Iowa bill would require parental consent before teaching children about ‘gender identity’

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Demonstrators attend a rally to support the transgender community March 5, 2017, on the Ped Mall in Iowa City. (The Gazette)

Lawmakers in Iowa are standing up to “gender identity” being taught in schools that are supposed to be educating children in skills like math, writing, reading and critical thinking.

Under a bill that cleared a Senate subcommittee on Feb. 23, parents of elementary school students would have to be notified and give written permission if gender identity studies were included in a curriculum that otherwise met state educational standards, reports The Gazette.

Senate File 167 lets students in first through sixth grades opt out of gender-identity classwork if a public or nonpublic accredited school does not have written permission from the pupil’s parent or guardian. In the bill, “gender identity” is defined as what gender people think they are, regardless of their scientific gender.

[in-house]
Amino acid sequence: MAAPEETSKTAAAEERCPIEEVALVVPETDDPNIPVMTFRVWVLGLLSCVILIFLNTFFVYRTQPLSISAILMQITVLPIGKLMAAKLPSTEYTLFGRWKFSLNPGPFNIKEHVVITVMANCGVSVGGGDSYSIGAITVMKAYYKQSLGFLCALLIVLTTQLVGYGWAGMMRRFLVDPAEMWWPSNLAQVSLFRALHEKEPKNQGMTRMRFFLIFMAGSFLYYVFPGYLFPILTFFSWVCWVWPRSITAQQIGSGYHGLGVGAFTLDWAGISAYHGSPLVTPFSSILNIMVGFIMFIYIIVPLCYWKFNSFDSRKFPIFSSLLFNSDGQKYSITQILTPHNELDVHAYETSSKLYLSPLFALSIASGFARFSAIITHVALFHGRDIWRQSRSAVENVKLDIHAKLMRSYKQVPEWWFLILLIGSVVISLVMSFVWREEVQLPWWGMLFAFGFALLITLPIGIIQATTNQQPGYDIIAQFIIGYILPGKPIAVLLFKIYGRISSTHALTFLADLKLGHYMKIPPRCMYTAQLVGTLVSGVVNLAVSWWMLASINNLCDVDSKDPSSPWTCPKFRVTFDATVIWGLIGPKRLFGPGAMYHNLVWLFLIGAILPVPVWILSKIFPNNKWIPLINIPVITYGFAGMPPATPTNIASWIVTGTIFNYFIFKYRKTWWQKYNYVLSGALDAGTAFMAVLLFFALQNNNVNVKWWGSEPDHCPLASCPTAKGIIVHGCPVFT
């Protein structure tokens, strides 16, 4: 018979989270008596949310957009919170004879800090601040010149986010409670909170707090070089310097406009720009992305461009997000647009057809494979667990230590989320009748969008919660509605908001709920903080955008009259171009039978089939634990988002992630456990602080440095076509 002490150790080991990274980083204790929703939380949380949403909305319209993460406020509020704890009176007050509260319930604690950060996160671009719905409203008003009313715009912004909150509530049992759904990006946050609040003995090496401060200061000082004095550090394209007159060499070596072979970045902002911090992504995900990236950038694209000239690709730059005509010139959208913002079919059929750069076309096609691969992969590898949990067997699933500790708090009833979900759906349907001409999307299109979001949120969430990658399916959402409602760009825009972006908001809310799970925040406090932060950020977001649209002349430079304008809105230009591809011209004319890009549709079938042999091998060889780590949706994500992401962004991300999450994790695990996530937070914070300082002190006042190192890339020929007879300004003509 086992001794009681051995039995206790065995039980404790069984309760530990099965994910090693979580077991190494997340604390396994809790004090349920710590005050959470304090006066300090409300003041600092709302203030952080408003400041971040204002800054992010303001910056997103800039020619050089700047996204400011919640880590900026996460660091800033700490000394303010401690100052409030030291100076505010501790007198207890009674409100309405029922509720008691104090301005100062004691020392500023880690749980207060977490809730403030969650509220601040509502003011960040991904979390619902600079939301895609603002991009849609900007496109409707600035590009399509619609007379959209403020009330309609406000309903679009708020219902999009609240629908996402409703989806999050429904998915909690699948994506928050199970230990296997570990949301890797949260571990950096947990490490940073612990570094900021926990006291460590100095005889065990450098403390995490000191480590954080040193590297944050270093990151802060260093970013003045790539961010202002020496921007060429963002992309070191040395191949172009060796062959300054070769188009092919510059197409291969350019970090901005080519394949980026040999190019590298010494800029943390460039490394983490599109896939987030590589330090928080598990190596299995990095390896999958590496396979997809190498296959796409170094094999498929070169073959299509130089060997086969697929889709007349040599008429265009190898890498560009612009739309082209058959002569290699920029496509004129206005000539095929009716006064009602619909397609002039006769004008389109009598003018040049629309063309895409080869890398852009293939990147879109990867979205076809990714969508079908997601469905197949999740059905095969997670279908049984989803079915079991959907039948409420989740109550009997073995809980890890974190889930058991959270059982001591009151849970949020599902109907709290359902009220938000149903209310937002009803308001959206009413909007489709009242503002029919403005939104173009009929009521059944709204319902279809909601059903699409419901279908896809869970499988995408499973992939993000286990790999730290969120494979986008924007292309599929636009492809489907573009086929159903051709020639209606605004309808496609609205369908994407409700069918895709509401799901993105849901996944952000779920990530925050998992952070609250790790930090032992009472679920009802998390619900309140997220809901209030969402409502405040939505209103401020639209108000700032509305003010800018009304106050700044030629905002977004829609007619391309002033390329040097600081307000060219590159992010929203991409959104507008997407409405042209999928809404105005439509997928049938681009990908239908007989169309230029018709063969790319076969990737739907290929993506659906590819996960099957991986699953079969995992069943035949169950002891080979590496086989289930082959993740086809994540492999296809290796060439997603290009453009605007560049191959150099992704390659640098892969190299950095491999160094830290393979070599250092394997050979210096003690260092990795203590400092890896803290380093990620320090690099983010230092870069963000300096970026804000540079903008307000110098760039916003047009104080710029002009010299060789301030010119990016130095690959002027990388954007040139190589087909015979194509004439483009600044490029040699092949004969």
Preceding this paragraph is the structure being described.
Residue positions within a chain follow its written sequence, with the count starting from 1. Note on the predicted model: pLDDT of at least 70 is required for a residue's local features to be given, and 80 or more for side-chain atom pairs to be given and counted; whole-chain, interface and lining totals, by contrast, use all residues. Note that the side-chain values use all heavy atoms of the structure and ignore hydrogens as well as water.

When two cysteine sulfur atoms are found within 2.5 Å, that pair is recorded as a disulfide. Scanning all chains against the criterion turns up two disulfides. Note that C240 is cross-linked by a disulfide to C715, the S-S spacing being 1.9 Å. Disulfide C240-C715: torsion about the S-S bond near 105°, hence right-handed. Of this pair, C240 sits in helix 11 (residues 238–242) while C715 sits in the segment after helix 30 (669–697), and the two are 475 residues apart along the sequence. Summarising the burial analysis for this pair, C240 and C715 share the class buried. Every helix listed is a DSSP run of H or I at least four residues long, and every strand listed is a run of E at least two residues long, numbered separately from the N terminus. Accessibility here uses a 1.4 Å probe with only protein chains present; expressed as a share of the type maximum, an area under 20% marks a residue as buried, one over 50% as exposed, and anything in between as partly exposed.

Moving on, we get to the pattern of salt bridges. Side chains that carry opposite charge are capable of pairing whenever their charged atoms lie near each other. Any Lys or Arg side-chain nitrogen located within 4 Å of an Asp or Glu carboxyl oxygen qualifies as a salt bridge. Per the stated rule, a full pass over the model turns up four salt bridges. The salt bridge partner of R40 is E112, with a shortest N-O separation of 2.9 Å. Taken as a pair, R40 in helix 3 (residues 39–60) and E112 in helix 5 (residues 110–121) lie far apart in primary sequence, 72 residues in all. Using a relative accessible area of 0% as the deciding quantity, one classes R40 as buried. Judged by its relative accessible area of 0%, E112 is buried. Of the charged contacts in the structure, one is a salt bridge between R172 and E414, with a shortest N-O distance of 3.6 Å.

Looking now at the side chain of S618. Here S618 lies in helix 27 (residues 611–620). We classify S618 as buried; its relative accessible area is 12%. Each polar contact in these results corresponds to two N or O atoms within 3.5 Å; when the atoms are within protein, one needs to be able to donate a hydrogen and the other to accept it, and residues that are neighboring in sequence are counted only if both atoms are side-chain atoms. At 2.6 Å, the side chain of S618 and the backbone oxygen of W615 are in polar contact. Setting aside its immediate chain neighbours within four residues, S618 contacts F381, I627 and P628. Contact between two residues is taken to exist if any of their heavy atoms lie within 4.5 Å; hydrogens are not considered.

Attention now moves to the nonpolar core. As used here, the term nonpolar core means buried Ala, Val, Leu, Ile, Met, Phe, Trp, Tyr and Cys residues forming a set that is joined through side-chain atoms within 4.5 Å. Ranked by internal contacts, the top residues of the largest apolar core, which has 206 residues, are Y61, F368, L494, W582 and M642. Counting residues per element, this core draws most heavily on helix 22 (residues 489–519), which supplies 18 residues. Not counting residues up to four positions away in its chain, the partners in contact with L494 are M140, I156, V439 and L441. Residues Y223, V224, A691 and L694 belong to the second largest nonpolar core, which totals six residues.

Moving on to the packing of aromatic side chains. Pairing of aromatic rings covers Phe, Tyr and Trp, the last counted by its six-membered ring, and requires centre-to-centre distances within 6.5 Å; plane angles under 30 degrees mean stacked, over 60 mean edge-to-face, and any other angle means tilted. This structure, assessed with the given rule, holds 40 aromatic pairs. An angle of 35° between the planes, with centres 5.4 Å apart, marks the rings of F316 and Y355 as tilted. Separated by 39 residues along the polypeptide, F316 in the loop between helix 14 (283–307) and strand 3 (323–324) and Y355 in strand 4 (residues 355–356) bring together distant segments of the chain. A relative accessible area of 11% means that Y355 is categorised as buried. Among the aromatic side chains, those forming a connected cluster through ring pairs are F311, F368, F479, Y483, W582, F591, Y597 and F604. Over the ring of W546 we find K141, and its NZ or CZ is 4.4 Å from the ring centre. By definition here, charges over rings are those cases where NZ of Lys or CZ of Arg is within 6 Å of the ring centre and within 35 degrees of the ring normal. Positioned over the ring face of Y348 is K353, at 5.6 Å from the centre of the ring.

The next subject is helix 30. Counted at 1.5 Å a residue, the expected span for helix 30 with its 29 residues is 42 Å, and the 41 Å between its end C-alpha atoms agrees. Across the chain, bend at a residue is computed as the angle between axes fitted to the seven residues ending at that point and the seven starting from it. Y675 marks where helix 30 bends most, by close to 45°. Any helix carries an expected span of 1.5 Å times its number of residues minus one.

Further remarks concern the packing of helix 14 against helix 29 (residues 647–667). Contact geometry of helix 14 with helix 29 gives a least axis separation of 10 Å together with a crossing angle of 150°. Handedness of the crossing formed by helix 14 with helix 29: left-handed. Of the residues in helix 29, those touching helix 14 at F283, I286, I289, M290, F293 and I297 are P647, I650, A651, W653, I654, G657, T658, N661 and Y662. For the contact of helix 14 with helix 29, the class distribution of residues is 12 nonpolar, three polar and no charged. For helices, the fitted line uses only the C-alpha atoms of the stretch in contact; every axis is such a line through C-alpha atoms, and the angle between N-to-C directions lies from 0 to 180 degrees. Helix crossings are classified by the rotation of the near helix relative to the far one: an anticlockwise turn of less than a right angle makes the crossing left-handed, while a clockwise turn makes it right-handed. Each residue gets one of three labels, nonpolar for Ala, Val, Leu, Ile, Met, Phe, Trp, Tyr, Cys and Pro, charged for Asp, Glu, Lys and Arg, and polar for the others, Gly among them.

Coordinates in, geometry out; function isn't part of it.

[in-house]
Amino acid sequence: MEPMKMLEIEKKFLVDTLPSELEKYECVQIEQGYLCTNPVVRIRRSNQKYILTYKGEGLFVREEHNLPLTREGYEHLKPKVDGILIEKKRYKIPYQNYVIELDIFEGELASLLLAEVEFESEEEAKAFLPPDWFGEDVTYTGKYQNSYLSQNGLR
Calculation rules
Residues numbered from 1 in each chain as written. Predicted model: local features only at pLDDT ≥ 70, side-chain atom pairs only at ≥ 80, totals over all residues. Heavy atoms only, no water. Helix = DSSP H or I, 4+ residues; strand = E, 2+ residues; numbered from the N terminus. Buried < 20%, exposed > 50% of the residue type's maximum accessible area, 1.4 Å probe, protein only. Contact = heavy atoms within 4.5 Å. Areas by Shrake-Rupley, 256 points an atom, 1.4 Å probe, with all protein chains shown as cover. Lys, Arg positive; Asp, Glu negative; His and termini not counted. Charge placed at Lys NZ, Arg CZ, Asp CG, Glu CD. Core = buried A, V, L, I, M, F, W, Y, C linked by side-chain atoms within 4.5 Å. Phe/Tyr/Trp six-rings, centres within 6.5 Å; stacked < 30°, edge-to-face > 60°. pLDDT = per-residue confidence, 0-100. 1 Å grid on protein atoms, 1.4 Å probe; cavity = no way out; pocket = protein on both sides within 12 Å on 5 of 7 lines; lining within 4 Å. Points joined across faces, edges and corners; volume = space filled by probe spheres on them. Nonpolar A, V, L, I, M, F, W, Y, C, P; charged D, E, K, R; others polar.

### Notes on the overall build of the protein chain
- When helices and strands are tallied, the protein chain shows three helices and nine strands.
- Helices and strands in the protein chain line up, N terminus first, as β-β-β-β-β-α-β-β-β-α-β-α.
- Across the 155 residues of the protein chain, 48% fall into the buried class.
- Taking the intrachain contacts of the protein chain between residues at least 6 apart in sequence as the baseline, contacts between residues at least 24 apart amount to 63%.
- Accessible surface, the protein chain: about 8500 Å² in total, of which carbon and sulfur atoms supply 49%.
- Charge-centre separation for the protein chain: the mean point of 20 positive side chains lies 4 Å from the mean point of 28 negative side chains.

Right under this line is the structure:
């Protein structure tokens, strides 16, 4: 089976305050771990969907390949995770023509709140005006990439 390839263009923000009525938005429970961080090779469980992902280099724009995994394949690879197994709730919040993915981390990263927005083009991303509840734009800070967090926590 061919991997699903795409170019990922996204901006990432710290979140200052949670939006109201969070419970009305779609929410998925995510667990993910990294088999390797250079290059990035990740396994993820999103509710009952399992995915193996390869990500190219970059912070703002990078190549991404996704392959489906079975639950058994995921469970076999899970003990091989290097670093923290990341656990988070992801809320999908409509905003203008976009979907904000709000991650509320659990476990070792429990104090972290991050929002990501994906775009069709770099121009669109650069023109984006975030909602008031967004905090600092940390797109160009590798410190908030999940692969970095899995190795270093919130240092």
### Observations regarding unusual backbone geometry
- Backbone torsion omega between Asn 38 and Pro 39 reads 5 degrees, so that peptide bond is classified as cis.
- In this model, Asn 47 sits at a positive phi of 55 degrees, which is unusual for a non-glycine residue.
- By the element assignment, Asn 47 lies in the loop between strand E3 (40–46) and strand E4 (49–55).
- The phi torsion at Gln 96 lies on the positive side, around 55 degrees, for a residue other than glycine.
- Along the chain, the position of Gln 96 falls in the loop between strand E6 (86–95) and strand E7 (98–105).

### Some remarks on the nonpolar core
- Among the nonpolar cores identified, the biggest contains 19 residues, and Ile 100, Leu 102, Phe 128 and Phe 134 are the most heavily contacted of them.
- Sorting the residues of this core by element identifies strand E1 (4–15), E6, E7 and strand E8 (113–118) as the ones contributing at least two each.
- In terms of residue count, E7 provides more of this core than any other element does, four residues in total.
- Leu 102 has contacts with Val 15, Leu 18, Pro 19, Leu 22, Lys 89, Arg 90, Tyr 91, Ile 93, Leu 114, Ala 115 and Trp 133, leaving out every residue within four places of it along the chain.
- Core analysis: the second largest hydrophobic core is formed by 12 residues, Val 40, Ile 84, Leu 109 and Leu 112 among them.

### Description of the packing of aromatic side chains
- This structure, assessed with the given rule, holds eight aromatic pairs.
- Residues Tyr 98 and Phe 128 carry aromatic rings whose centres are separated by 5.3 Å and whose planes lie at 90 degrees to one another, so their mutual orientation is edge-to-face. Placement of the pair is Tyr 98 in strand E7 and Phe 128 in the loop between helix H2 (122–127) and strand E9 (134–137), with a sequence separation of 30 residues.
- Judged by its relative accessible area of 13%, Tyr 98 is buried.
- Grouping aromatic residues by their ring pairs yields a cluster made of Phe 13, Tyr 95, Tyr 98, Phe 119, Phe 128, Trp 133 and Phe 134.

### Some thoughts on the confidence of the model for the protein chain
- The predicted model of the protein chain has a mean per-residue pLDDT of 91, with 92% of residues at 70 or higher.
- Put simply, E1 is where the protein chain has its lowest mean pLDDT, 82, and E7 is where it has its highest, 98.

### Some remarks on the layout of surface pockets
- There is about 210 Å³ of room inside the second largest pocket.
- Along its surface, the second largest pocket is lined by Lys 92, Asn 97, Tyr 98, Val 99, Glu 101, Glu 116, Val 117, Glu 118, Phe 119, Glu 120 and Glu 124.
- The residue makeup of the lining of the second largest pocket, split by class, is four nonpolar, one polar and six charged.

“The family is the most basic human social institution and for the schools to insert themselves squarely between the parents and the child is simply unthinkable to me,” said Sen. Ken Rozenboom, R-Oskaloosa, one of two Republicans who voted to send the legislation to the full Senate Education Committee for consideration.

The bill passed 2-1 over objections from representatives of education organizations as well as some parents, teachers, students and advocates for transgender issues who warned of a “slippery slope” of basing instruction based on legislative “whims” like scientific gender.

“We don’t want the Legislature dictating what can and cannot be taught because that doesn’t benefit all students,” said Phil Jeneary, a lobbyist for Iowa Association of School Boards.

 

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